Wild Buzz
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While the timeless brilliance of LV Beethoven, PI Tchaikovsky and Joseph Haydn's music has been somewhat obscured by the fire and smoke emitting from the politics of Zubin Mehta's concert in Srinagar, it may be recalled that Beethoven despised tyranny.

punjab Updated: Sep 08, 2013 13:02 IST
Vikram Jit Singh
Vikram Jit Singh
Hindustan Times


While the timeless brilliance of LV Beethoven, PI Tchaikovsky and Joseph Haydn's music has been somewhat obscured by the fire and smoke emitting from the politics of Zubin Mehta's concert in Srinagar, it may be recalled that Beethoven despised tyranny. His love for freedom was matched by his passion for nature, and this reflected in his compositions, particularly Symphony No. 6 in F Major 'Pastoral', which resonates with fondness for countryside rambles and musical notes inspired by brooks, birds and the rustle of falling leaves. Franz Schubert, a great admirer of Beethoven, composed the delightful 'Trout' quintet in 1819 for the piano, violin, viola, cello and double bass.

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The quintet had its origins in a poem written by political dissident, Christian Schubart. The poem, awash with allegory, describes how a cold-blooded angler hooks a merry trout by muddying the waters of a clear stream. WA Mozart's Piano Concerto No. 17 had close associations with the composer's pet European starling. Antonio Vivaldi's 'Four Seasons', Claude Debussy's 'Clair de Lune' that dwelt on moonlight and Frederic Chopin's 'Raindrops' prelude is sublime musical hymns that venerate nature's glories.


During the night of August 10, Kashmir Singh alighted from a bus. His home was a 100 metres down the hill at Lah Gala village in Himachal Pradesh's Mandi district. Kashmir was returning from a drinking binge. Down the forested slope, Kashmir squatted to answer nature's call. A maneater leopard pounced on Kashmir, as his crouched body appeared to represent a small prey. Hard-pressed to defend himself in an inebriated state, the leopard killed Kashmir and ate out his backside leaving a horrific scene with Kashmir's trousers at his knees and belt unbuckled. The death was the culmination of wandering drunkards exposing themselves to maneater attacks.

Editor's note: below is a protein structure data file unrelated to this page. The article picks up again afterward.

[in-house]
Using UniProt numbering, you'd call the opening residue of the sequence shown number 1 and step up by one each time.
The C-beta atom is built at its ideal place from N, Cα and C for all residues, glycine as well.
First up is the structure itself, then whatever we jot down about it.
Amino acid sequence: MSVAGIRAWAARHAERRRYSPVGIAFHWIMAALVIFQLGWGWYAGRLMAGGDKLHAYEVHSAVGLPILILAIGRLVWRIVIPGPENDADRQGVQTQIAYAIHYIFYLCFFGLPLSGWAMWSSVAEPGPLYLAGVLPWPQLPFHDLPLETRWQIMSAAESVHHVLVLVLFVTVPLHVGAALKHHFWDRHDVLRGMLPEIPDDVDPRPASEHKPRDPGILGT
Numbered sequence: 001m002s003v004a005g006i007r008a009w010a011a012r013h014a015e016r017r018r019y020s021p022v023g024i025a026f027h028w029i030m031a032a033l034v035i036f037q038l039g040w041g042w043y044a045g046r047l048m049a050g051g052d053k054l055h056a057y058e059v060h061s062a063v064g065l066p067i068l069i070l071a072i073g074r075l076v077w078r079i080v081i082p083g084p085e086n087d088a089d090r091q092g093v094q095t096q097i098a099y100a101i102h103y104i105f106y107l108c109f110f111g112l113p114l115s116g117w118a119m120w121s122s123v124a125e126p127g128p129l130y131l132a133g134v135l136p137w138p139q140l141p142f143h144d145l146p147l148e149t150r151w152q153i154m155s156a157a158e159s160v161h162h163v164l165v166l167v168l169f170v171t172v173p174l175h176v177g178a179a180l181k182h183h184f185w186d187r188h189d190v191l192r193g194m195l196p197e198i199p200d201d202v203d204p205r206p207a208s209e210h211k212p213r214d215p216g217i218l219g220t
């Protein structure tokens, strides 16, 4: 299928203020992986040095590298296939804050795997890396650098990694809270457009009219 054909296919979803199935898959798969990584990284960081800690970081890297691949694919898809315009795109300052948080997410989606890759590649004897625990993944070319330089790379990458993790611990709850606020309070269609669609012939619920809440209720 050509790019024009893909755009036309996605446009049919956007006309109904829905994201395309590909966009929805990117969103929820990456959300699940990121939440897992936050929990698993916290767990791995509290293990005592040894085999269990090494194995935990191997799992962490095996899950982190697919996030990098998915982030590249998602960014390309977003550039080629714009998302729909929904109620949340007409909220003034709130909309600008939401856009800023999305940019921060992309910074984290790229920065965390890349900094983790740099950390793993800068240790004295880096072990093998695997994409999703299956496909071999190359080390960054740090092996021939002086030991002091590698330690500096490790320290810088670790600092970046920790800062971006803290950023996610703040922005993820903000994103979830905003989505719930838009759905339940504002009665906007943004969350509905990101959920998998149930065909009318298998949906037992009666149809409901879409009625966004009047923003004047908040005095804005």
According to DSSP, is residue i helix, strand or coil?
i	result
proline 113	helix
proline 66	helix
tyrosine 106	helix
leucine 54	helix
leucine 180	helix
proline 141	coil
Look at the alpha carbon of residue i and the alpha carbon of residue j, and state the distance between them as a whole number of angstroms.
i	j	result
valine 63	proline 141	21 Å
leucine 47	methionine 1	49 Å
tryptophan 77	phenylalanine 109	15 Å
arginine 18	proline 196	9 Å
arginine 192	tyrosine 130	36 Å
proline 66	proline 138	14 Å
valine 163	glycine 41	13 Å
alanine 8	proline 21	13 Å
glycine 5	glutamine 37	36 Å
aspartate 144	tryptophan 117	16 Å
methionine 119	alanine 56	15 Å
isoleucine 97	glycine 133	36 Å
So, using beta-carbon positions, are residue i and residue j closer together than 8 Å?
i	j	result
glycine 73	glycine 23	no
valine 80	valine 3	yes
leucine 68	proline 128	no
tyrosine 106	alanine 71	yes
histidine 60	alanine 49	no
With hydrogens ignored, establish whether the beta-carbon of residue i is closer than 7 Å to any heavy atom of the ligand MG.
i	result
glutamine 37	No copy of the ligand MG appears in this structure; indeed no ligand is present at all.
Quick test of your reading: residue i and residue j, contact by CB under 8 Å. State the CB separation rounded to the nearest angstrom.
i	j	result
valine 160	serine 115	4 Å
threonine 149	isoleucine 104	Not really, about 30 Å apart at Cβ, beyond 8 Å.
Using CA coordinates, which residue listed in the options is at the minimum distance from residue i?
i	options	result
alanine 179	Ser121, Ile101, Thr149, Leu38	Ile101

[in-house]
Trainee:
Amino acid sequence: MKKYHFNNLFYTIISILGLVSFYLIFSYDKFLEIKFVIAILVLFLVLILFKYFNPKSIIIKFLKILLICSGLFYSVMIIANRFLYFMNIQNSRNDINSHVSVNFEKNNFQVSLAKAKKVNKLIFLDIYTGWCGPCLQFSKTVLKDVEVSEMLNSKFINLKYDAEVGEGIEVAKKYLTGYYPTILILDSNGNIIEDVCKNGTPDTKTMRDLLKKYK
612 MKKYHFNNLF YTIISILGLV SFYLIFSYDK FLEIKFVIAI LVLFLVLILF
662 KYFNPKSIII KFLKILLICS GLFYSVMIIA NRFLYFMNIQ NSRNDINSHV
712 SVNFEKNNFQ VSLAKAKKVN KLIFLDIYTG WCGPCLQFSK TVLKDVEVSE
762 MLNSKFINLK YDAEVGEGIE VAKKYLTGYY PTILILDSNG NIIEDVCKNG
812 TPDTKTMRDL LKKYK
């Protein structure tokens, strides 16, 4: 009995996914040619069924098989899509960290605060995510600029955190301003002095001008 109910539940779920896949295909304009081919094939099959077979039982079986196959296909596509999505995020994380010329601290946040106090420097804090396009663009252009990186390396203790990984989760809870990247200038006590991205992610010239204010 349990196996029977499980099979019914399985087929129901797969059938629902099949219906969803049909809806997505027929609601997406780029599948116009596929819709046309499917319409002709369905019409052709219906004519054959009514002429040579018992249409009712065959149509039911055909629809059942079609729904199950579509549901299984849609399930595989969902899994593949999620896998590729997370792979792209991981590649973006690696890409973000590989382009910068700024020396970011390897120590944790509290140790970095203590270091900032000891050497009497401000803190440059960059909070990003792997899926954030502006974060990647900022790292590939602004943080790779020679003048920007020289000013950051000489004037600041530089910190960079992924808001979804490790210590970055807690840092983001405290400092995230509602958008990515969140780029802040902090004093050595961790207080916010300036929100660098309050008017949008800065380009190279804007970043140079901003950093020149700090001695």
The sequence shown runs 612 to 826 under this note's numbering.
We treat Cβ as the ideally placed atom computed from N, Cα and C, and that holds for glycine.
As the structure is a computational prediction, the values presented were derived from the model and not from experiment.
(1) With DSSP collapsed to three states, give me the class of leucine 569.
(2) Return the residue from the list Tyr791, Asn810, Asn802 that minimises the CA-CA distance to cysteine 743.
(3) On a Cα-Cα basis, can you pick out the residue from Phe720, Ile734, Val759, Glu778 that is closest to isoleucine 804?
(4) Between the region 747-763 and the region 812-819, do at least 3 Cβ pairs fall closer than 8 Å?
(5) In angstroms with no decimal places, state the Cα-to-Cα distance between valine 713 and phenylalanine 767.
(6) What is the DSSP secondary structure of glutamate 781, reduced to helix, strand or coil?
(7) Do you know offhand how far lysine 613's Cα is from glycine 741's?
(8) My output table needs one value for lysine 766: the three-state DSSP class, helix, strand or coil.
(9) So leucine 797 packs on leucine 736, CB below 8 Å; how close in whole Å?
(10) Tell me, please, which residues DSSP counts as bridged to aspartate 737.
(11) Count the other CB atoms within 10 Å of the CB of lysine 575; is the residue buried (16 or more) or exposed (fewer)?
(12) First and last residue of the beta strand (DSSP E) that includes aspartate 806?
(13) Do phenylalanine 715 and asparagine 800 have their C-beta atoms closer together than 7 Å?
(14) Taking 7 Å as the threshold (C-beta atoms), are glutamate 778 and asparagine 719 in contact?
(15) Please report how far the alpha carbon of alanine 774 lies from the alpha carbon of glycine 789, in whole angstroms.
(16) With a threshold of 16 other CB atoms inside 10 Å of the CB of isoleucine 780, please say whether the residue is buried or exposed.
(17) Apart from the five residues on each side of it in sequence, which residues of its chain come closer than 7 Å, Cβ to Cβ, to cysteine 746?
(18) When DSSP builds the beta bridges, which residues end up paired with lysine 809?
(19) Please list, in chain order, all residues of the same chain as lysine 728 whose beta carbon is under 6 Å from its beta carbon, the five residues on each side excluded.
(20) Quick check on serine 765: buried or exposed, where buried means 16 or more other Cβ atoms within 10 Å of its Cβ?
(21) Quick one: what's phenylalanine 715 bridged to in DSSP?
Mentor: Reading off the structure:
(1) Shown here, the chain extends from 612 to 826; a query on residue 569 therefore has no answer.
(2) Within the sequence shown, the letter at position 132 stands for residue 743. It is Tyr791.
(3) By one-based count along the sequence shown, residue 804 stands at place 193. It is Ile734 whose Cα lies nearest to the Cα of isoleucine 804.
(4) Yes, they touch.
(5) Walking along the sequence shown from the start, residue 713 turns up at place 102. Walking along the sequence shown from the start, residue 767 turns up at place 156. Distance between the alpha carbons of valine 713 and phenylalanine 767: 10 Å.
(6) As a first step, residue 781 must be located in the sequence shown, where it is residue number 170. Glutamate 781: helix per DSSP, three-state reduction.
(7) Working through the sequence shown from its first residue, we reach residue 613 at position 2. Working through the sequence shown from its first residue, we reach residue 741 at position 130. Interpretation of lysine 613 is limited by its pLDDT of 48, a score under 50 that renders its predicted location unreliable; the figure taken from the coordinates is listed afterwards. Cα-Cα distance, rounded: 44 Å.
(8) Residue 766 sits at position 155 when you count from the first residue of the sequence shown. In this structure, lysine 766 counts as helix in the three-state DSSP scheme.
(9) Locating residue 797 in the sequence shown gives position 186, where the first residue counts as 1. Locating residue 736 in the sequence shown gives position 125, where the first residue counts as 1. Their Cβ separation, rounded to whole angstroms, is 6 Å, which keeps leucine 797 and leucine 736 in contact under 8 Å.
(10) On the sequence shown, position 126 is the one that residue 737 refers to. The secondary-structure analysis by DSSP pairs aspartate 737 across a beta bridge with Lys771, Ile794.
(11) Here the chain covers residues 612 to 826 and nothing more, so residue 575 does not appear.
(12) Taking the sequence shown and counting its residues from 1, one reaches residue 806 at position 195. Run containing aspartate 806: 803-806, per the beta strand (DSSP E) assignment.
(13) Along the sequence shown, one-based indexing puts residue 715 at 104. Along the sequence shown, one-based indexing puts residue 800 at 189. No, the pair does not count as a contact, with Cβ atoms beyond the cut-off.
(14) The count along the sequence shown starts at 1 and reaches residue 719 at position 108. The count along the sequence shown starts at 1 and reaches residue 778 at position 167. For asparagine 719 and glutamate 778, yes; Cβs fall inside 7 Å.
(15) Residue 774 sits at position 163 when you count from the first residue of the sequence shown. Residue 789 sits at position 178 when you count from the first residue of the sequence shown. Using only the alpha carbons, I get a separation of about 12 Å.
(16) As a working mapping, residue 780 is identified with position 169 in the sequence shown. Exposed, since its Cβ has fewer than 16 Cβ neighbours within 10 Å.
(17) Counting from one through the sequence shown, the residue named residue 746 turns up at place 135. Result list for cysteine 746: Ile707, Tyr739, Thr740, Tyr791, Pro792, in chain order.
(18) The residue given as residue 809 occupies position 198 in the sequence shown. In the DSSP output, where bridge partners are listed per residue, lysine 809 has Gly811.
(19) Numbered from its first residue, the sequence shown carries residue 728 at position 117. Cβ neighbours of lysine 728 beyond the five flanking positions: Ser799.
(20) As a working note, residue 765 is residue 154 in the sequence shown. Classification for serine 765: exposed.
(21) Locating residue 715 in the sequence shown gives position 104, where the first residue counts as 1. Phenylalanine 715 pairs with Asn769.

A 'maneater' shot under the eye by Nawab. HT Photo

In fact, the two hunters appointed in phases by the government since July 26, Ashish Dasgupta and Nawab Shafath Ali Khan of Hyderabad, came across drunkards wandering precariously in the night. Drunkards were directed by hunters to get back home, and some even thrashed when they resisted wise counsel. Since the days of Jim Corbett, it has been believed -rightly or wrongly - that infirm leopards consuming bodies dumped after epidemics/floods or at cremation grounds acquire a taste for flesh and turn maneater. Add to this list, serfs of Bacchus.


In late August, the pastoral landscape wedged between the foothills and the tricity is graced by a lovely migrant. The European roller, which has two sub-species, breeds in Europe as also in West/Central Asia till Kashmir in summer. The sub-species that migrates to India (Coracias garrulus semenowi) breeds in Asia. Most rollers found behind the tricity in the post-monsoon season, when weather and wind direction change, are passage migrants.


They fly deeper into India after a sojourn here, and their sightings are tracked by the Migrant Watch programme. However, a few rollers do stay put for the winter in the tricity's hinterland. Ripening crops provide an abundance of insects for rollers to relish. The roller has been declared a globally 'near-threatened' species. For example, thousands of rollers are shot every spring over Oman. Chandigarh Bird Club members believe the tricity gets large numbers of rollers once every four years. The roller in the accompanying picture was clicked on the Parol-Nagal road on September 2.


Just a generation ago, the nights would coyly wink at you and slip by in city gardens. Fireflies (glow worms) were to slumbering flower beds what high-flying jet aircraft with twinkling tail-lights are to a backdrop of awakening stars. Most adults recall collecting fireflies in bottles as kids but these creatures are a rare sight now. I was delighted to recently discover a diaspora of fireflies at the Sukhna lake's regulator-end.


They are best seen as lights around the lake dim after 8.30 pm. A keen observor can stand near the steps leading to the parking for the 'Garden of Silence' and see fireflies emerging from lonely shadows as mermaids from the seas. The bird walk here is also graced by many fireflies, a mystical spectacle that every iPad-obsessed kid must be encouraged to savour and thereby retrieve a lost chapter of nocturnal natural history. Some fireflies flit along the Sukhna walkway like flying beacons, enchanting visitors who brave mosquitoes and biting insects. Apart from pesticide harm, the millions of wattage of artificial power blinding city skylines affect fireflies. This overpowering light makes firefly flashes less evident, leading to breeding failure and disorientation as males rely on flashes to lure females.

First Published: Sep 08, 2013 10:38 IST